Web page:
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Service Traders in the UK

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Author Info

  • Holger Breinlich
  • Chiara Criscuolo

Abstract

We provide a novel set of stylized facts on firms engaging in international trade in services, using unique firm-level data on services exports and imports in the United Kingdom in 2000- 2005. Less than 10% of firms trade in services but they can be found in all sectors of the UK economy. While the services sector accounts for 80% of total exports and imports, the frequency and trade intensity of services traders is often higher in sectors such as high- tech manufacturing. Services traders are bigger, more productive and are more likely to be foreign owned or part of a multinational enterprise. These 'trade premia' are smaller then for goods traders, however, with the exception of skill intensity which is higher among services traders. There are also significant differences between exporters and importers of services. Furthermore, we show that most firms only export or import a single service type and trade with a small number of countries. Trade volume, employment, turnover and value added are highly concentrated among a small group of firms trading with many countries and/or in many services types. These firms are characterised by bigger size and higher than average productivity, all of which seem to be principally correlated with more trade along the intensive margin (trade per services and country) .although there are a number of noteworthy exceptions. Interestingly, trade is also concentrated within .rms. The top export and import destination make up 70% of the average firm's total trade and the top services type around 90%. This strong concentration is still present among firms trading with many countries and/or in many products.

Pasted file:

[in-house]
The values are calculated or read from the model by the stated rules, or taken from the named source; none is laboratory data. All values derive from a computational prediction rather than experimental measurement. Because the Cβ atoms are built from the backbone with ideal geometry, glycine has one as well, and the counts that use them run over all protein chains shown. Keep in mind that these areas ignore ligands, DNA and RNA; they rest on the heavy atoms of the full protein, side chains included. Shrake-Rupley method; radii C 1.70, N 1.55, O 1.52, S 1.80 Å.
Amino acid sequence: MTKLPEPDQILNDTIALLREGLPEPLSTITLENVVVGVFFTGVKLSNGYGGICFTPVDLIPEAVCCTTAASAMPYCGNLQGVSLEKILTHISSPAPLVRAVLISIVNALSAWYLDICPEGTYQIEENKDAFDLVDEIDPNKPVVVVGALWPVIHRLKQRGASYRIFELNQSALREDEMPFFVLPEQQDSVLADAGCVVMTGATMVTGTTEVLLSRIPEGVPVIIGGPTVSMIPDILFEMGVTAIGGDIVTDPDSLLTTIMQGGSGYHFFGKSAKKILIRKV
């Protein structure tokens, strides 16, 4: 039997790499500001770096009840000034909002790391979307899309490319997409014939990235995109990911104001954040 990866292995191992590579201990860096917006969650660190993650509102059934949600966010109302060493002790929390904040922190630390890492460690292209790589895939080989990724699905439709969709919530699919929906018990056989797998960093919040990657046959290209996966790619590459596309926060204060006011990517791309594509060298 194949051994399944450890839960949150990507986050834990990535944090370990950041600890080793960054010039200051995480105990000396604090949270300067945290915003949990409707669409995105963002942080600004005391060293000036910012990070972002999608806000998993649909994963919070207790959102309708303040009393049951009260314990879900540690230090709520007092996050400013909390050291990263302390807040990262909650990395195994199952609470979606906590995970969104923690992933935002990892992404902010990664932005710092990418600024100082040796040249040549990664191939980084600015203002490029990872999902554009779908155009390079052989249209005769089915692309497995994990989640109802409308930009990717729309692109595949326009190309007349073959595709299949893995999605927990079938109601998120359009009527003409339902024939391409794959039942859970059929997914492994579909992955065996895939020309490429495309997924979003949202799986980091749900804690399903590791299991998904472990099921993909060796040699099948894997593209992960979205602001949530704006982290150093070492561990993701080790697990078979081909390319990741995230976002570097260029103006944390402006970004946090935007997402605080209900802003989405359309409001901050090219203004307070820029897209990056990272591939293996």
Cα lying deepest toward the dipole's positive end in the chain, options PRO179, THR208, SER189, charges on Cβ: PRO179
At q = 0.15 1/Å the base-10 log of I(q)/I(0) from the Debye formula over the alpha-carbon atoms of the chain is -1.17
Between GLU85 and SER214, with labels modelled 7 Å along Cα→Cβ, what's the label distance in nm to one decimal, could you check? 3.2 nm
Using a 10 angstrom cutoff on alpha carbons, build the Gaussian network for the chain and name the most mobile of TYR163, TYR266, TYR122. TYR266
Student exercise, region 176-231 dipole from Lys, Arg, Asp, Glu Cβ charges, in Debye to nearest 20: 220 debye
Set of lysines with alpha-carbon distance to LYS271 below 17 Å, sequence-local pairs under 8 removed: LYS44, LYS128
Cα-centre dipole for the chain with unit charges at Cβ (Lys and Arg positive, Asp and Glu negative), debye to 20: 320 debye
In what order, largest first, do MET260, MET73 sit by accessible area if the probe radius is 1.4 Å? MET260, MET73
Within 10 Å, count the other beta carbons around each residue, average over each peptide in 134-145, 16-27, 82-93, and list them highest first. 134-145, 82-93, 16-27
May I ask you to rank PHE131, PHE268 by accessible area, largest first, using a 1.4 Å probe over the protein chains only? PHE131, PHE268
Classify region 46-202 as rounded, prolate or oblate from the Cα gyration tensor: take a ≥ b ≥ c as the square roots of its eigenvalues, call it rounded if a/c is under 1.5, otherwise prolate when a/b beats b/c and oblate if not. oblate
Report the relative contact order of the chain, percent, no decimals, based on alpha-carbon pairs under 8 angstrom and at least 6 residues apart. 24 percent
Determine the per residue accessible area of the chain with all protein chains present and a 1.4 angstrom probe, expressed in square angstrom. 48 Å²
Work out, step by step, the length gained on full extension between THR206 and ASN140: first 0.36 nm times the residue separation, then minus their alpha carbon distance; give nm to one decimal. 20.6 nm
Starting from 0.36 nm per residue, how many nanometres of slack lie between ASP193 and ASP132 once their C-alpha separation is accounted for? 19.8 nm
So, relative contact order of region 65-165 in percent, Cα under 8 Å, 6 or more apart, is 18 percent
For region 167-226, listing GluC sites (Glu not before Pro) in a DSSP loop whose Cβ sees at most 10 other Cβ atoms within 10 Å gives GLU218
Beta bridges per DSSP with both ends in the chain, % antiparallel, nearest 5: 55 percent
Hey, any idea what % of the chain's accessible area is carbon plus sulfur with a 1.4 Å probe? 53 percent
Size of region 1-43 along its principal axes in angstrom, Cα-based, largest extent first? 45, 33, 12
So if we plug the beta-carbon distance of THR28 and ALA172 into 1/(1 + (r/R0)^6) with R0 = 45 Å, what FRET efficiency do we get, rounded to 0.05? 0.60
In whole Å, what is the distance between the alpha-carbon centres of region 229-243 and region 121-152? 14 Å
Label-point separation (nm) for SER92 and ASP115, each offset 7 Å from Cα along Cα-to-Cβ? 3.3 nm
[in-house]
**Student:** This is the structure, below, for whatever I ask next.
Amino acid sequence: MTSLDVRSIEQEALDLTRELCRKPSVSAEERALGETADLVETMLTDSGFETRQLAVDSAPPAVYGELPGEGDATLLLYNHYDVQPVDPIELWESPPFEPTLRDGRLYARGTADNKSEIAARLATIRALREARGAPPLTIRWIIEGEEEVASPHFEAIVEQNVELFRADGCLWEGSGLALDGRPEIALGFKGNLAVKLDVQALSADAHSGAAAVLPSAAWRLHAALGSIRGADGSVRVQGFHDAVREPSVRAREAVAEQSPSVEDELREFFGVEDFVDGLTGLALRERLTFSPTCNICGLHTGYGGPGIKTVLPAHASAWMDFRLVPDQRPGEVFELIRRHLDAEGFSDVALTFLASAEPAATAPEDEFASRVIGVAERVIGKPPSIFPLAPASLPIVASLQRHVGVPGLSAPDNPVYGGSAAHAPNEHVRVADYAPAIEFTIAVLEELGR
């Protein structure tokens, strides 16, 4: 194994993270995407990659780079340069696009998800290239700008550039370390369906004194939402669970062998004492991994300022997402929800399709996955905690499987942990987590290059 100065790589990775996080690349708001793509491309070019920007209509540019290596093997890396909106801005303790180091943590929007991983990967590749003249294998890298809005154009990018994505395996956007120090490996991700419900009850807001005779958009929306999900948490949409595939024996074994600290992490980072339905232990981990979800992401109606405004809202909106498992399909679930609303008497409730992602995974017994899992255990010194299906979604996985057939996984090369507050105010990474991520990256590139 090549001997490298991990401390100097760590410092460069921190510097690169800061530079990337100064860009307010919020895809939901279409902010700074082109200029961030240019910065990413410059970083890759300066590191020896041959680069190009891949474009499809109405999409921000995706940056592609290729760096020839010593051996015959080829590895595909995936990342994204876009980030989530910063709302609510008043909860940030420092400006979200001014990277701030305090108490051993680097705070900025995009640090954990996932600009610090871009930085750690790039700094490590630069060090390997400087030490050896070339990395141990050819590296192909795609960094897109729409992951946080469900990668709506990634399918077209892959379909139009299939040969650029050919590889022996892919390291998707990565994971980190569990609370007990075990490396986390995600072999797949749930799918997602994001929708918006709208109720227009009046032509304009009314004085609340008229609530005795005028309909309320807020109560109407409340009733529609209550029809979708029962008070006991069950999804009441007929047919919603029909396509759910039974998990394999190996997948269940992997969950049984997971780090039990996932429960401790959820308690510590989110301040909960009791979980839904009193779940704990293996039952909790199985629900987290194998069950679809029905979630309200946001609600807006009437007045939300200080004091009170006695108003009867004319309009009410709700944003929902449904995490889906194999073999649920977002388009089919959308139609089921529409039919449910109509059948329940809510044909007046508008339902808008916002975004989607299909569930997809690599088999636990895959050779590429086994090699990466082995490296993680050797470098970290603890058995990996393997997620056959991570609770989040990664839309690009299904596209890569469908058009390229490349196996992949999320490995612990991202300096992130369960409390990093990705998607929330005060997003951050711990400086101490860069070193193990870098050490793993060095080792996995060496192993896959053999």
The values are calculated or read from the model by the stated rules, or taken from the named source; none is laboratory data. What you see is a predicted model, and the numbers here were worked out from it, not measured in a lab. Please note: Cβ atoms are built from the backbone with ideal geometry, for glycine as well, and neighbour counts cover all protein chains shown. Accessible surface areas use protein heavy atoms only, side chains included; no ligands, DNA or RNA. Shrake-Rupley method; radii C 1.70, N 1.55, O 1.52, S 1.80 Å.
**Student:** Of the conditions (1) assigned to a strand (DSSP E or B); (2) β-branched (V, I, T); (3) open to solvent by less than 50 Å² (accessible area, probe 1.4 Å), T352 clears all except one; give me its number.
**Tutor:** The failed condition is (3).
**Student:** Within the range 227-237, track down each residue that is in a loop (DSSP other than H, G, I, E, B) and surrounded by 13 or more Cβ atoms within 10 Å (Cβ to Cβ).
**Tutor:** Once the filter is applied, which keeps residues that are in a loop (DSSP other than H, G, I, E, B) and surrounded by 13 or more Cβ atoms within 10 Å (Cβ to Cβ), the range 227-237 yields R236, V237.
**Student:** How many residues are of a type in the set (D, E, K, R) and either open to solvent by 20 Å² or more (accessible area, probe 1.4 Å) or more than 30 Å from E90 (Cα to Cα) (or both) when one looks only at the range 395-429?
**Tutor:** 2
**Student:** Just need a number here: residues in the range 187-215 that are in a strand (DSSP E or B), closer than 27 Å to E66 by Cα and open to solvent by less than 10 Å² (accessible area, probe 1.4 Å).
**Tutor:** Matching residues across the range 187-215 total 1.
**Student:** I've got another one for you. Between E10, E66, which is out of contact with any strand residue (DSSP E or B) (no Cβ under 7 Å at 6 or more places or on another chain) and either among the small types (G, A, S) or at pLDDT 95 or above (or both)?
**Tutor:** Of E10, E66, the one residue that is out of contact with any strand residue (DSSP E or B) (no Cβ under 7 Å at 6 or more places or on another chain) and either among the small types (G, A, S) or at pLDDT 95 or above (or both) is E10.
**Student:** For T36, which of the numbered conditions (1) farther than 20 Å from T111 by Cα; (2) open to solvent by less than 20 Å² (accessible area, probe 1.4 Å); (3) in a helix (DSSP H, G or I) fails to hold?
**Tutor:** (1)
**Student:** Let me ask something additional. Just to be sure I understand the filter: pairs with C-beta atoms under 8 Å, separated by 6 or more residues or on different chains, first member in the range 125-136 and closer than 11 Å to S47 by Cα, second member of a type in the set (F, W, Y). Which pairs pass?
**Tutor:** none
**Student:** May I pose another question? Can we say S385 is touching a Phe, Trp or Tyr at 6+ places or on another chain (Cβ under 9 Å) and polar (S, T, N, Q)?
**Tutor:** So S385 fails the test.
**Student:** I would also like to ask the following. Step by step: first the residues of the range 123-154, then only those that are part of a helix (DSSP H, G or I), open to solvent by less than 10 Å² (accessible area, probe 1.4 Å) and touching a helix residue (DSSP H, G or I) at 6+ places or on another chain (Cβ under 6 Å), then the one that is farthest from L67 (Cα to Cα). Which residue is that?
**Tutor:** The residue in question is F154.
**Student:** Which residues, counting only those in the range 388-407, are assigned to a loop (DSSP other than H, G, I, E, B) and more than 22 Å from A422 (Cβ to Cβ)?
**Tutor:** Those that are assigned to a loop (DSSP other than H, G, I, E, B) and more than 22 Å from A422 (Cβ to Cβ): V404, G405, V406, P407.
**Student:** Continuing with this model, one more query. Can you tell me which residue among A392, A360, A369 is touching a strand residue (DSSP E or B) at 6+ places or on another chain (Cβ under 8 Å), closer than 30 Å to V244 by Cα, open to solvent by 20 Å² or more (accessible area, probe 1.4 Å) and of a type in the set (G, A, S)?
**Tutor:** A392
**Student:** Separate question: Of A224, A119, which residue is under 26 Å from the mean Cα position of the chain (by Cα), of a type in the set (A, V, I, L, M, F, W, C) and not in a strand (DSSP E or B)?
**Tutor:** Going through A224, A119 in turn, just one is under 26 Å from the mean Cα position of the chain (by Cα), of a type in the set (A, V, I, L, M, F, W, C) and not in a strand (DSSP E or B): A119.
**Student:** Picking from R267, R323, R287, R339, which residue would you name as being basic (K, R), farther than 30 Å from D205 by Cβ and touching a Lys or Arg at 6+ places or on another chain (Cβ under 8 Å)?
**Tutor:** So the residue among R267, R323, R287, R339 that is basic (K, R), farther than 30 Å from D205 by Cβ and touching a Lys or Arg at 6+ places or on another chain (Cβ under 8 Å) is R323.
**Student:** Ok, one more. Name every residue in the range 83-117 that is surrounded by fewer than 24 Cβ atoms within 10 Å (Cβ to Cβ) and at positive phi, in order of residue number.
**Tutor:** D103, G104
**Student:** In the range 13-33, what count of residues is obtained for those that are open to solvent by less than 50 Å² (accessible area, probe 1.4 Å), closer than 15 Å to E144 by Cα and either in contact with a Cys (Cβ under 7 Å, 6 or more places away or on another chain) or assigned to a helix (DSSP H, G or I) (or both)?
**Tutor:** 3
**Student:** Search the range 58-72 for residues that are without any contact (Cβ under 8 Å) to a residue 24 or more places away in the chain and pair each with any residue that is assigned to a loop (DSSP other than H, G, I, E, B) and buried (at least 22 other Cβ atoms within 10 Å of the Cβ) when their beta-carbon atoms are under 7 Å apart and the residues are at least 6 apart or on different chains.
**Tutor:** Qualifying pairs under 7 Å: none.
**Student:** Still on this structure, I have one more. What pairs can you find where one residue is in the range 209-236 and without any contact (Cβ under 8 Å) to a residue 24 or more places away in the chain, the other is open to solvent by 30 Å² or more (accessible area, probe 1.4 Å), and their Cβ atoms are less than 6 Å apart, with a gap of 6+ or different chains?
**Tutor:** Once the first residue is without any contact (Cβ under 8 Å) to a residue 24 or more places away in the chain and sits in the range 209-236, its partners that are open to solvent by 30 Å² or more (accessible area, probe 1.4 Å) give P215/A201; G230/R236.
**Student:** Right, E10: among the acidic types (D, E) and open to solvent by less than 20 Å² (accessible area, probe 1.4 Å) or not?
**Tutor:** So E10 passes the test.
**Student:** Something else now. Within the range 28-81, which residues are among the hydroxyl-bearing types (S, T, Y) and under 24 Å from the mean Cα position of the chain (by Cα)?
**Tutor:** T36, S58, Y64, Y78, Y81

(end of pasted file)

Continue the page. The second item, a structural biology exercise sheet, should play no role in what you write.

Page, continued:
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Bibliographic Info

Paper provided by Centre for Economic Performance, LSE in its series CEP Discussion Papers with number dp0901.

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Date of creation: Dec 2008
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Handle: RePEc:cep:cepdps:dp0901

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Web page: http://cep.lse.ac.uk/_new/publications/series.asp?prog=CEP

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Keywords: International trade; services; firm-level evidence;

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References

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  1. Mirabelle Muuls & Mauro Pisu, 2007. "Imports and exports at the level of the firm: evidence from Belgium," LSE Research Online Documents on Economics 19711, London School of Economics and Political Science, LSE Library.
  2. Alex Hijzen & Mauro Pisu & Richard Upward & Peter Wright, . "Employment, Job Turnover and the Trade in Producer Services: Firm-level Evidence," Discussion Papers 07/37, University of Nottingham, GEP.
  3. Costas Arkolakis & Marc-Andreas Muendler, 2010. "The Extensive Margin of Exporting Products: A Firm-level Analysis," CESifo Working Paper Series 3309, CESifo Group Munich.
  4. Eaton, Jonathan & Kortum, Samuel S & Kramarz, Francis, 2009. "An Anatomy of International Trade: Evidence from French Firms," CEPR Discussion Papers 7111, C.E.P.R. Discussion Papers.